This circular route covering many of the main Borders towns, as well as linking the four great Border abbeys on foot, is now complete. The route can be walked in sections from Kelso to Jedburgh, Jedburgh on through Denholm to Hawick, and Hawick to Selkirk, Selkirk to Melrose, and Melrose through to Kelso via Dryburgh completing the loop. This route is ideal for a long distance walker or a leisure walker on a short break, and it takes in the wonderful Borders countryside with spectacular views, catch a glimpse of wildlife and enjoy the outdoors.
Melrose to Kelso 18miles/29km
Relatively flat and easy terrain, this section of the route offers scenic countryside on the northern side of the River Tweed, passes the Temple of the Muses and the Rhymer's Stone. Offering a range of possibilities, this is the longest section of the route.
Kelso to Jedburgh 12miles/18km
This is a fairly flat and reasonably easy walk, largely beside the River Teviot. There is one moderate climb towards the end of the section along the Roman Road, Dere Street, followed by a gradual descent into Jedburgh.
Jedburgh to Hawick 13miles/20km
This is a mixed walk, with a fairly steady climb from Jedburgh Town Centre and later a steep section up the side of Merlin Wood onto the side of Black Law. There follows a gradual descent through mainly agricultural land to the village of Denholm and into Teviotdale where the route follows the north bank of the River Teviot into Hawick
Hawick to Selkirk 12miles/19km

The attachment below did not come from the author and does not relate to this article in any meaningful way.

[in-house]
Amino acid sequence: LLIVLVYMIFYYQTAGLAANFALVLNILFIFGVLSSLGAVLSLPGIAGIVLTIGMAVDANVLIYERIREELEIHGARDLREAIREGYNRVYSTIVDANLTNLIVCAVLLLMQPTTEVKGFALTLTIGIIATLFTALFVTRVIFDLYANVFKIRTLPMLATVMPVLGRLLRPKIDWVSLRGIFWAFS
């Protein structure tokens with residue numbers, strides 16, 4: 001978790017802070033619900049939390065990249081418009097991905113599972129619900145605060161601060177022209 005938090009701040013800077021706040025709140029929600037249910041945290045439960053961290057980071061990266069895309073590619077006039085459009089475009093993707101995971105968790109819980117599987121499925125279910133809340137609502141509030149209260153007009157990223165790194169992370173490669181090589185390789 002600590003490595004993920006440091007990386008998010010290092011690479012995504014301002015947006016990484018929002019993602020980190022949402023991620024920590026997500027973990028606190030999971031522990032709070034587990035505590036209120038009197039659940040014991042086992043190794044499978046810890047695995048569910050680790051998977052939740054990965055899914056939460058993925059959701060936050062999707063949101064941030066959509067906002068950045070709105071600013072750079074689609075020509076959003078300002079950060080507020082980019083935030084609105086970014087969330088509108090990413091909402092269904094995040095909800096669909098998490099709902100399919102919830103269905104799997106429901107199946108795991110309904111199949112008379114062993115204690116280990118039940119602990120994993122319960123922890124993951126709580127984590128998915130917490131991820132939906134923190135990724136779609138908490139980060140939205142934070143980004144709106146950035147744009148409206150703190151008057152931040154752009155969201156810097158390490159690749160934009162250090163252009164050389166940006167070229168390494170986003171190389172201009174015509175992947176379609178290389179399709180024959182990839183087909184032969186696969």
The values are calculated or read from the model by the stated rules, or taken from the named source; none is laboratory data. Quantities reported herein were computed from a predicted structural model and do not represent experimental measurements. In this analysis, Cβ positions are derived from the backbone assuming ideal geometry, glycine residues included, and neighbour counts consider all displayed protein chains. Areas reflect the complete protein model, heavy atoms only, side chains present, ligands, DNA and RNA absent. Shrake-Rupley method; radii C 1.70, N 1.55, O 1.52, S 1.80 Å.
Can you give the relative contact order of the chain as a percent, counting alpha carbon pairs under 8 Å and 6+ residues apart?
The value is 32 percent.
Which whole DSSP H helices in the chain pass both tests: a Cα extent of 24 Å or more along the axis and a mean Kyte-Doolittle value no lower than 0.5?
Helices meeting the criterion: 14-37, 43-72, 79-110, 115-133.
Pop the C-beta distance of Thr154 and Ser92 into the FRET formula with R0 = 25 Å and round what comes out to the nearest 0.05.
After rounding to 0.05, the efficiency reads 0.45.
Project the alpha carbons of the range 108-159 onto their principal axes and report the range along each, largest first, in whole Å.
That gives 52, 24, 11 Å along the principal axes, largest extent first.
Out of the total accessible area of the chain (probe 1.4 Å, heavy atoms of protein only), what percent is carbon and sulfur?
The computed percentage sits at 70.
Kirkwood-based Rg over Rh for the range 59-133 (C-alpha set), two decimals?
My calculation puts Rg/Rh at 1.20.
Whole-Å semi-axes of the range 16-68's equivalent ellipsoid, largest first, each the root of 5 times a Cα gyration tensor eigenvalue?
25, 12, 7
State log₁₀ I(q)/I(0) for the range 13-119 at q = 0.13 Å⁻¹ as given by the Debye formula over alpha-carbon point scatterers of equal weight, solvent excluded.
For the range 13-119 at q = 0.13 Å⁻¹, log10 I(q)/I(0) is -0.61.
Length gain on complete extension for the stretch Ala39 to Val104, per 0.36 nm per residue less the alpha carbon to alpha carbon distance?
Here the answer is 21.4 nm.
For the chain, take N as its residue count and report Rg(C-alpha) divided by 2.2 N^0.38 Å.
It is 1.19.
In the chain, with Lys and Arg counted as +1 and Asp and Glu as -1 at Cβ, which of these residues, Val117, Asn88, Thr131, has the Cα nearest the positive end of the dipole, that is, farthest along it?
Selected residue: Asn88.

This section of the Way starts with a long, steady climb out on to Drinkstone Hill and into typical Border hill farming countryside. The route then drops down into the valley of the Ale Water near the village of Ashkirk and then proceeds by way of the old track known as the Thief Road over The Woll golf course. At Hartwoodmyres the route passes through the forest and continues to Selkirk.
Selkirk to Melrose 10miles/16km
This section of the Way climbs out of Selkirk to cross Selkirk Hill, which is a haven for wildlife and flowers. Then the route gradually rises through farmland to Cauldshiels Loch by using one of the Borders ancient drove roads. A short road section descends down to the River Tweed by Abbotsford House where the route follows the south bank of the river to Melrose.
The route is waymarked throughout, in both directions with an 'AW' symbol denoting 'Abbeys Way'. Leaflets and details on transport links between the sections are available for all the stages and can be collected from one of our Visitor Information Centres, contacting us 01835 863170, by emailing email@example.com or by downloading a pdf leaflets from Scottish Borders Council site.